There’s some sort of novelty about second generation baseball players that I seem abnormally attracted to following. I guess it’s the fact that baseball runs I the blood ffor those players an I somehow fantasize that the players really “get” the spirit of the game.
The most fabled, of course, are the likes of Bobby and Barry Bonds or Ken Griffey Sr. and Jr. The Sandy Alomar and his son, Roberto and Sandy Jr. also immediately come to mind. In Fort Wayne, the baseball family ties run deep on the local level. I’ve e-mailed and spoken with men and women who have connected with their fathers and brothers (and on occasion, mothers) through baseball.
The Wizards have also had their share of second generation baseball players. I immediately think of Josh Barfield (Jesse’s son), Will Venable (Max’s son) and Fernando Valenzuela Jr. I’ve documented Josh Barfield and Will Venable considerably here on this site. So now, I want to turn my attention to Valenzuela.
The junior Valenzuela was drafted by the San Diego Padres in 10th Round (281st overall) of 2003 amateur entry draft after having played at UNLV. He signed and broke in his spikes with the Padre’s Low-A team in Eugene, seeing 73 games of professional action.
As a prospect, Valenzuela was said to have inadequate power and speed for a first baseman:
He should be able to maintain a good batting average and OBP at higher levels. But his swing is more of a line-drive stroke at this point, and his home run power hasn’t been good enough for a first baseman. He knocked just 11 homers last year, and with a career slugging percentage of only .391 so far, it remains to be seen how he’ll fit in at higher levels. He doesn’t run well enough to play the outfield, and he’ll have to boost his power production to remain a prospect as a first baseman [John Sickels, ESPN].
The following year, Valenzuela played the full season with the Fort Wayne Wizards and produced a solid showing that might have led one to predict a good future for the youngster. Valenzuela led the team with 148 hits while collecting 28 doubles and 81 runs batted. He slugged 11 home runs and produced a .295 batting average in a league that is typically dominated by strong pitching.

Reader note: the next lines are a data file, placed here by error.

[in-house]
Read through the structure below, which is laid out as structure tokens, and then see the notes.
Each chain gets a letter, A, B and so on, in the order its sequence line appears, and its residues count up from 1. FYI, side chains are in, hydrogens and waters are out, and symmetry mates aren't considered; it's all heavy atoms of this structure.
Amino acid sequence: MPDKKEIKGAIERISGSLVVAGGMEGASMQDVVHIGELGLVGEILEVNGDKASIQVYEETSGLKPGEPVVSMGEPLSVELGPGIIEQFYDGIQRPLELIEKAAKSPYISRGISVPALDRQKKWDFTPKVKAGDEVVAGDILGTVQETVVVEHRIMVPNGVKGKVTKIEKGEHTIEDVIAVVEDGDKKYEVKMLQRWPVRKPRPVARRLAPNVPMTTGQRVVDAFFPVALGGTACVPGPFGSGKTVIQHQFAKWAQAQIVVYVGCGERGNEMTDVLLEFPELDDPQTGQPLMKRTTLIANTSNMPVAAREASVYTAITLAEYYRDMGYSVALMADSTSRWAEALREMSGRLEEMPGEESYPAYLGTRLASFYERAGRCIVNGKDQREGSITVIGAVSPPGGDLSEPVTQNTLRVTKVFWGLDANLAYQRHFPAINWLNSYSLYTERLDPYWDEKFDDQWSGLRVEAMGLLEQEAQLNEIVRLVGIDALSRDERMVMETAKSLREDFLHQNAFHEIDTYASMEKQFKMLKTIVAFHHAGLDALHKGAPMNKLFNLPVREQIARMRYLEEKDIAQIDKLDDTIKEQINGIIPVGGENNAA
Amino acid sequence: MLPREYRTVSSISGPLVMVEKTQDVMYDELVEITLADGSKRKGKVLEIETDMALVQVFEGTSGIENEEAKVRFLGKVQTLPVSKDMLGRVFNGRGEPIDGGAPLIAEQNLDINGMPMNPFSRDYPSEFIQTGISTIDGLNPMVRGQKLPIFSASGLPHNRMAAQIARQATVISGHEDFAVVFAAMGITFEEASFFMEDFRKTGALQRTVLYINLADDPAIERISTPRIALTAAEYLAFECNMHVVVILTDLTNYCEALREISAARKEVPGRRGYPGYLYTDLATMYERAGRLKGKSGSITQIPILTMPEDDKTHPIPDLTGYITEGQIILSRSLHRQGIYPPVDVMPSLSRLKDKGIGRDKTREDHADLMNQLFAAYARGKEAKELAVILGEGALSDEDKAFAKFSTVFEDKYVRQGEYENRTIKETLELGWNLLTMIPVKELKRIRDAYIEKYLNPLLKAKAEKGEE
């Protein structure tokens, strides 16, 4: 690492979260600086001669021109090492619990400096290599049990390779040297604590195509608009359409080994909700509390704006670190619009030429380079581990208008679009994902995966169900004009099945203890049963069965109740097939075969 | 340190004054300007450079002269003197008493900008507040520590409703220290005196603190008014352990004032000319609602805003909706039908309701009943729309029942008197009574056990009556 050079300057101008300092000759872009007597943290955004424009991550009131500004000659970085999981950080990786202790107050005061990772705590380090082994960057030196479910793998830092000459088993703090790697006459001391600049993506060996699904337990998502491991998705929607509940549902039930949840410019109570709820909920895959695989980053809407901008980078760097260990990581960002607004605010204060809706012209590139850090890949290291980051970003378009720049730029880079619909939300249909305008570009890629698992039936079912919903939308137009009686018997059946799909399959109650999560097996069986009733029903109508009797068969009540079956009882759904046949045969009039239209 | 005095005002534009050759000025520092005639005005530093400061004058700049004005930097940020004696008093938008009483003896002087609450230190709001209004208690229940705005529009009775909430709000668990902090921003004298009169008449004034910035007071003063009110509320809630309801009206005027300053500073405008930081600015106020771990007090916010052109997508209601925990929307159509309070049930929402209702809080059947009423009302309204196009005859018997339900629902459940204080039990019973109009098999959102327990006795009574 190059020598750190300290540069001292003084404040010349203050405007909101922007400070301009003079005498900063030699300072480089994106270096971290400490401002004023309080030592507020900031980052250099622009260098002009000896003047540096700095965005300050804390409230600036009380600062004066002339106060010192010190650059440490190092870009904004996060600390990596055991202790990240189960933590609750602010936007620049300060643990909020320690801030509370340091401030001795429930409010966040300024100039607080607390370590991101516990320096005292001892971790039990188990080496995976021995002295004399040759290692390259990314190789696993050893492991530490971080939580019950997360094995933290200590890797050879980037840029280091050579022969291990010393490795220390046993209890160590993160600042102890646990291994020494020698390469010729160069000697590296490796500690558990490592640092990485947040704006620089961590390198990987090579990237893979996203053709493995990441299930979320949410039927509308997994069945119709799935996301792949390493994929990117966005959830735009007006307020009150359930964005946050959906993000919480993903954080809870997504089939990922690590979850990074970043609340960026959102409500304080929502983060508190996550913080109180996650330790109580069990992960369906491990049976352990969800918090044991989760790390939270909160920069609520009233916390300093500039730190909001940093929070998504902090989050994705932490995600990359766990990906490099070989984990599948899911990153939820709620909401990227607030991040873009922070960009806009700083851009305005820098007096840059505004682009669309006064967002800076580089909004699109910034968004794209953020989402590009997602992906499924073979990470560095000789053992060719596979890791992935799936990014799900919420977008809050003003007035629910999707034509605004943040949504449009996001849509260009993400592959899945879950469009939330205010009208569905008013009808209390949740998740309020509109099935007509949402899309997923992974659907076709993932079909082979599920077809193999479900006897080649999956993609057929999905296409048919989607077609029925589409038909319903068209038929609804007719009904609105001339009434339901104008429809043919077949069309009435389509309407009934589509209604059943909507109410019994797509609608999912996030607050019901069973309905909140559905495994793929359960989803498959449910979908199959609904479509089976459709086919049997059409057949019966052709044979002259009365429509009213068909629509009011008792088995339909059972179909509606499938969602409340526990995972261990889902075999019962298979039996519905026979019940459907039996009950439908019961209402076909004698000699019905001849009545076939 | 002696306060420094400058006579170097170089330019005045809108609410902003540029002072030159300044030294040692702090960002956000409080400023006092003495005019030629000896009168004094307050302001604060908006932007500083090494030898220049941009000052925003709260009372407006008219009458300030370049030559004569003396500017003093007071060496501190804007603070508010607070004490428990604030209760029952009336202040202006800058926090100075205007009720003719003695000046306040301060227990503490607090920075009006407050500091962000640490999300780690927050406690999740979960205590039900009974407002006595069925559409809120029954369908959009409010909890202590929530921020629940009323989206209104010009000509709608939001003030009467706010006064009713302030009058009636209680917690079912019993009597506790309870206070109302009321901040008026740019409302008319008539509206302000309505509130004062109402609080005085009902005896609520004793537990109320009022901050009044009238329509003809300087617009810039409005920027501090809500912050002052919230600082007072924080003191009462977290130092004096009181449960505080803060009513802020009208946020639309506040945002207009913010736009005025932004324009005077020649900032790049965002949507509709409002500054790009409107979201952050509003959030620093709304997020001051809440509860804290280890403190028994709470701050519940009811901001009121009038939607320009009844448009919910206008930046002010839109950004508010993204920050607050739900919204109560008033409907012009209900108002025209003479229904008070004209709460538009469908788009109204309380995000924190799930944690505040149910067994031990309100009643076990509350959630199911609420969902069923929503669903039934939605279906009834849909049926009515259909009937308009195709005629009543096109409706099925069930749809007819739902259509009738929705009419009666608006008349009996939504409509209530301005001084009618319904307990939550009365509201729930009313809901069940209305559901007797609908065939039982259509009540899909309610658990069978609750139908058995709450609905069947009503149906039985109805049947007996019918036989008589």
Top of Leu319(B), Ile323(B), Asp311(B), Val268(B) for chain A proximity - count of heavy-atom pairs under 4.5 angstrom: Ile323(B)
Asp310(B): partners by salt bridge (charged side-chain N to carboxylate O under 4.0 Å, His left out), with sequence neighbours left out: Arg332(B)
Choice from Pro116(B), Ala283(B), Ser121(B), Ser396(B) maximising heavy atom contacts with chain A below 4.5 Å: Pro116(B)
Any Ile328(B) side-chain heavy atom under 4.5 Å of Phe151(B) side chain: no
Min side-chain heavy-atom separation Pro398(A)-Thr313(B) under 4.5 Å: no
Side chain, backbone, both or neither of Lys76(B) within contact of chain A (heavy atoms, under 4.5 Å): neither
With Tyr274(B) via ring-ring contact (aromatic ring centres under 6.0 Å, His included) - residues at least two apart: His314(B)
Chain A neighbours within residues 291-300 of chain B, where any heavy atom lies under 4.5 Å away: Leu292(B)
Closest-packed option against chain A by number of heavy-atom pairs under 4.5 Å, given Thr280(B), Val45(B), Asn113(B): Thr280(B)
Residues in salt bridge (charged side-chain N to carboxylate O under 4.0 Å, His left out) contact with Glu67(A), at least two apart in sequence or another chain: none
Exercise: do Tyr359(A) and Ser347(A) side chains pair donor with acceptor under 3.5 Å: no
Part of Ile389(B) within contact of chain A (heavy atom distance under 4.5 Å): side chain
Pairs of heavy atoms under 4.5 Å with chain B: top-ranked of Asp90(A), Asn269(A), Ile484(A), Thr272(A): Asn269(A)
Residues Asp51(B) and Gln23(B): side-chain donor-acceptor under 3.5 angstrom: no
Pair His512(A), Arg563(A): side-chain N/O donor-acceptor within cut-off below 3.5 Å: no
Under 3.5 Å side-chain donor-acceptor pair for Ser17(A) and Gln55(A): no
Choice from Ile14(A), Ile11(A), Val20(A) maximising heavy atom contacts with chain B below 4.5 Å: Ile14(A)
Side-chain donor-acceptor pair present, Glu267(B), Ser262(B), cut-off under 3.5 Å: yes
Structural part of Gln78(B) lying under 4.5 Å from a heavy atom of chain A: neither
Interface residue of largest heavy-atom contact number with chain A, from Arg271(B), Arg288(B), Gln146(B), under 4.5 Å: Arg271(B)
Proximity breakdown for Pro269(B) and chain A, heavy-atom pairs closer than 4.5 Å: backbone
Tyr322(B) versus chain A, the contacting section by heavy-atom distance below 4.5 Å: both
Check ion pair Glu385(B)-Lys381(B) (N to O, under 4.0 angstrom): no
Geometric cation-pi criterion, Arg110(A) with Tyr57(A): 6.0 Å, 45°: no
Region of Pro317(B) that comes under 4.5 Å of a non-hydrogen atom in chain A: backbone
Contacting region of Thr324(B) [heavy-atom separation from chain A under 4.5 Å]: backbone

In 2005, Valenzuela was promoted to Lake Elsinore, where he produced pretty much the same results, with a slightly higher strikeout rate. Despite the showing, he was released, largely because he was blocked by other strong first base prospects in the system. In researching the timeline, it seems that the Padres were forced to decide between Valenzuela and Paul McAnulty. Had McAnulty not rededicated himself to the game and gotten into better shape physically right about that time, it is very likely the shoe would have dropped the other way.
Following his release for San Diego, the Chicago White Sox picked up Valenzuela. In 80 games with the Single-A Kinnapolis Intimidators, he collected 78 hits, 13 doubles, 9 home runs and 42 RBIs over 293 at-bats. But his average suffered at .266. He finished the 2006 season with Kinnapolis and was released the following spring.
In 2007, Valenzuela played 21 games with the St. Paul Saints of the American Association independent league. During the short stint, his bat came back to life; producing a .338 batting average that included 26 hits and 12 runs batted in over 77 at-bats.
2007 and 2008 also saw Valenzuela playing in the Mexican League, where he continues to produce at the plate. With Vaqueros Laguna in 2007, Valenzuela hit .349 with 37 hits, 11 runs batted in and 3 home runs over 106 at-bats in 47 games. With Leones de Yucatan in 2008, Valenzuela hit .314 with 34 RBI’s and 6 home runs over 242 at-bats in 77 games. His strikeout to walk ration is still pretty rugged (22:23 in 2008 and 10:16 in 2007), but he’s proven he can still hit the ball.
In case you are wondering, the Mexican League is considered a minor league organization. I contacted Fort Wayne TinCaps General Manager Mike Nutter for some assistance in understanding exactly how (because it is very rare that you’ll hear of a player begin “called-up” from the Mexican League). Here’s what he had to say on the matter:
The Mexican League is a member of the National Association of Professional Baseball Leagues and has a Triple-A classification. However, its member clubs operate largely independently of the 30 Major League Teams.
Nutter also indicated that the Padres are among the MLB organizations who maintain a relationship with the league. For instance, both Oliver Perez and Joakim Soria have played in the league and are now Major Leaguers. For that reason, the league is listed in the international section of the Baseball America Directory.
So, while I would not look for it, there is a possibility that Valenzuela Jr. may again work in the farm system of an MLB organization. He is now on the other side of 25 and has never played above single-A ball. Given that he is a first baseman with not a whole lot of speed or versatility, Valenzuela’s MLB chance has likely have come and gone.
In case you are wondering, the McAnulty made his MLB debut in 2005, though he didn’t play much with the big club until 2008, when he appeared in 66 games for the Padres before being sent down to Triple-A Portland. He remains with the club, and while many predict his Padres career is over, the numbers he put up after his demotion might earn him a second look in 2009.